"Who's Bribin' Who?"
Donny Rico (and Chevron) explain how to pollute the Amazon and get away wit’ it.
- May 28, 2014
Do people give people backpacks full of cold hard cash in exchange for legal testimony? People do. Chevron should know. They did exactly that.
Chevron's effort to avoid responsibility for one of the world's largest oil disasters and sink the $9 billion guilty verdict against it delivered by Ecuadorian courts – and upheld on three occasions – comes down to one man: Alberto Guerra. A corrupt ex-judge, he became Chevron's star witness in the company's RICO lawsuit against the Ecuador rainforest communities and their council. In testimony in U.S. Federal Court in New York, he testified that he had received a backpack full of cash in exchange for his testimony, along with a monthly stipend of $12,000 USD, a home, a car, and a crack legal team to get himself – and his family – political asylum in the United States. Pretty good deal for a guy who admitted to accepting bribes as low as $200.
But of course you won't be hearing John Watson mention that today as shareholders gather for the company's annual general meeting in Midland, Texas. Watson will be touting the recent decision from Judge Kaplan's kangaroo court in New York against the Ecuadorians as the silver bullet that saved Chevron from liability for one of the world's most egregious environmental and human rights crimes. But Kaplan's decision – based almost entirely on Guerra's testimony – is on appeal before the Second Circuit in New York that overruled Kaplan before on the Ecuador issue.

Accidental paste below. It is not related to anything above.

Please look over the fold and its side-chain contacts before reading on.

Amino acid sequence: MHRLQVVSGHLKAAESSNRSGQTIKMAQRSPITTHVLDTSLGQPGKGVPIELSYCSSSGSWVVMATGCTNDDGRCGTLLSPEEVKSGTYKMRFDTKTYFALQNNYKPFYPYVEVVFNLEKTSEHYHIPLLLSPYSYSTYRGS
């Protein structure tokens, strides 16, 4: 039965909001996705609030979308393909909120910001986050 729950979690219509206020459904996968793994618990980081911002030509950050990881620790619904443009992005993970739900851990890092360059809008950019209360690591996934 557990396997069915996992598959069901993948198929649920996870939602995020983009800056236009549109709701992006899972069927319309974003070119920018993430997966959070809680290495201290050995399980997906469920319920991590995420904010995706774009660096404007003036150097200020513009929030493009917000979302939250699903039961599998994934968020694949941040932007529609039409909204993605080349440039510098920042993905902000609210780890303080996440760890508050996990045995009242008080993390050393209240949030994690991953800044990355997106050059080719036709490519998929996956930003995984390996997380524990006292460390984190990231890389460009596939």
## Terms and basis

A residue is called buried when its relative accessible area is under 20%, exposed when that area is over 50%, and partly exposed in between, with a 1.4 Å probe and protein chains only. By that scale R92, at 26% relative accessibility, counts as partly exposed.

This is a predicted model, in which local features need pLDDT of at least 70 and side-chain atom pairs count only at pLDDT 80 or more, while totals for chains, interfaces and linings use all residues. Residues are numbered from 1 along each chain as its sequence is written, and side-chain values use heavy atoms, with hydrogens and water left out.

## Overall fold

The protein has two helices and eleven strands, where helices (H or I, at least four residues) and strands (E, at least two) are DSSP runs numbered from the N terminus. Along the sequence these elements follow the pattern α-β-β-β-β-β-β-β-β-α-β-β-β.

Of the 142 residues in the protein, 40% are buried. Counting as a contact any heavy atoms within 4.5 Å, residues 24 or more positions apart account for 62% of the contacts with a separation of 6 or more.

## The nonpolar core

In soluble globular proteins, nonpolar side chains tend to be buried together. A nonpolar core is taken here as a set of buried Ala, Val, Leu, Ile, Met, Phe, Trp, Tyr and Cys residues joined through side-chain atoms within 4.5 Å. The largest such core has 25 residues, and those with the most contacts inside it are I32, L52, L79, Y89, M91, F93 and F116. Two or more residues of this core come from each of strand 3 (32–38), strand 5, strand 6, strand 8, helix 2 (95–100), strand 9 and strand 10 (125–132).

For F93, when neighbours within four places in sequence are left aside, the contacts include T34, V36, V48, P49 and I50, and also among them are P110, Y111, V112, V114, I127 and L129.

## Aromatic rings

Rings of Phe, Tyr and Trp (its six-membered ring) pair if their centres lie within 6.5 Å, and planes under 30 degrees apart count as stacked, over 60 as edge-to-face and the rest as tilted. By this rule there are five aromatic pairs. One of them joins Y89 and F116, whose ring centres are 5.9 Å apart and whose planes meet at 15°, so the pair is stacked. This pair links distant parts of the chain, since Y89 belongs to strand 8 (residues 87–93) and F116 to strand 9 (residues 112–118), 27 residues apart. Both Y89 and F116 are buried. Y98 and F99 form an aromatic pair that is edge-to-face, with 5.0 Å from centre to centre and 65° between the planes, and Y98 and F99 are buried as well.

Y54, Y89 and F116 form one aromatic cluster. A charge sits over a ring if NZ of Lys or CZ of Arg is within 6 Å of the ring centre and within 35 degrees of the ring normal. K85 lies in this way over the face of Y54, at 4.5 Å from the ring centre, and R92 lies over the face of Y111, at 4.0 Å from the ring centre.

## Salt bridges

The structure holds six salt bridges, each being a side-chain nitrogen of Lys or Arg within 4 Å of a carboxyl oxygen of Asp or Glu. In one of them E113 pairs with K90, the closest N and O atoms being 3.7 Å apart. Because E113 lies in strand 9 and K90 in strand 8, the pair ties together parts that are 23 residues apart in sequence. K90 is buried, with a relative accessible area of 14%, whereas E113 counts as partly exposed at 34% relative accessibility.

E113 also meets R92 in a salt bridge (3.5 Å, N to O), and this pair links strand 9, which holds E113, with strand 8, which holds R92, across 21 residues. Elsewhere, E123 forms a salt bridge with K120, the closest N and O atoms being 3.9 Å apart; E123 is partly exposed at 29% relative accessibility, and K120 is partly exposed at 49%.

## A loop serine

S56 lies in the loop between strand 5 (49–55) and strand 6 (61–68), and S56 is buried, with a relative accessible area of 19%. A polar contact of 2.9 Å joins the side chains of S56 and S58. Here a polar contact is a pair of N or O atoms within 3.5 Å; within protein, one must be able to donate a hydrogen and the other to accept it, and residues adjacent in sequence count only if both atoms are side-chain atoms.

But does the decision do what Watson claims it will? Does it insulate shareholders from risk? As has been written, Chevron is not out of the woods yet, and the Ecuadorians are not out of options. Chevron's problems under Watson go beyond the courtroom – to the court of public opinion.
Another liability that will likely be unmentioned by Watson is last week's global #AntiChevron day. In a sign that the fallout from the company's poor environmental and human rights record worldwide is spiraling out of control, some 20 actions occurred on five continents. Importantly, many of these were in communities where Chevron has existing operations, seeks to expand, or plans new exploration – critical to adding new reserves and increasing shareholder value. And while he can throw millions at lawyers and PR firms to continue to run from the Ecuador issue, the liability continues to rear its head in Canada, Brazil, and beyond.
Another major problem that Watson will surely sidestep is the increasing campaign of the Ecuadorian government to pressure Chevron to do the right thing. While the company has consistently dismissed it, there's a certain geopolitical reality that isn't good for Chevron. It can't be good for business to have Ecuador's President, Rafael Correa, widely considered the new leader of Latin America's left (who is in the process of changing the constitution to allow indefinite re-election), chumming it up with the presidents of UNASUR and ALBA countries about how Chevron drilled, dumped, and ran. In particular, Venezuela and Argentina represent both the company's largest operations in South America, and its biggest new upstream investment, respectively.
Watson thought he would find solace in the wilds of west Texas by moving the meeting and thereby avoiding the protests in the Bay Area which have confronted him year in and year out. But even in oil-friendly, middle-of-nowhere Midland, affected community members found him. Humberto Piaguaje, a Secoya indigenous leader and representative of the network of affected communities said, “Wherever they go, we will be there, because the crime Chevron committed in Ecuador is unforgivable.”
To help shareholders cut through Watson's smokescreen at today's meeting, we turn it over to Chevron crony Donny Rico for a true rendering of how Chevron got an Ecuadorian judge to do its bidding.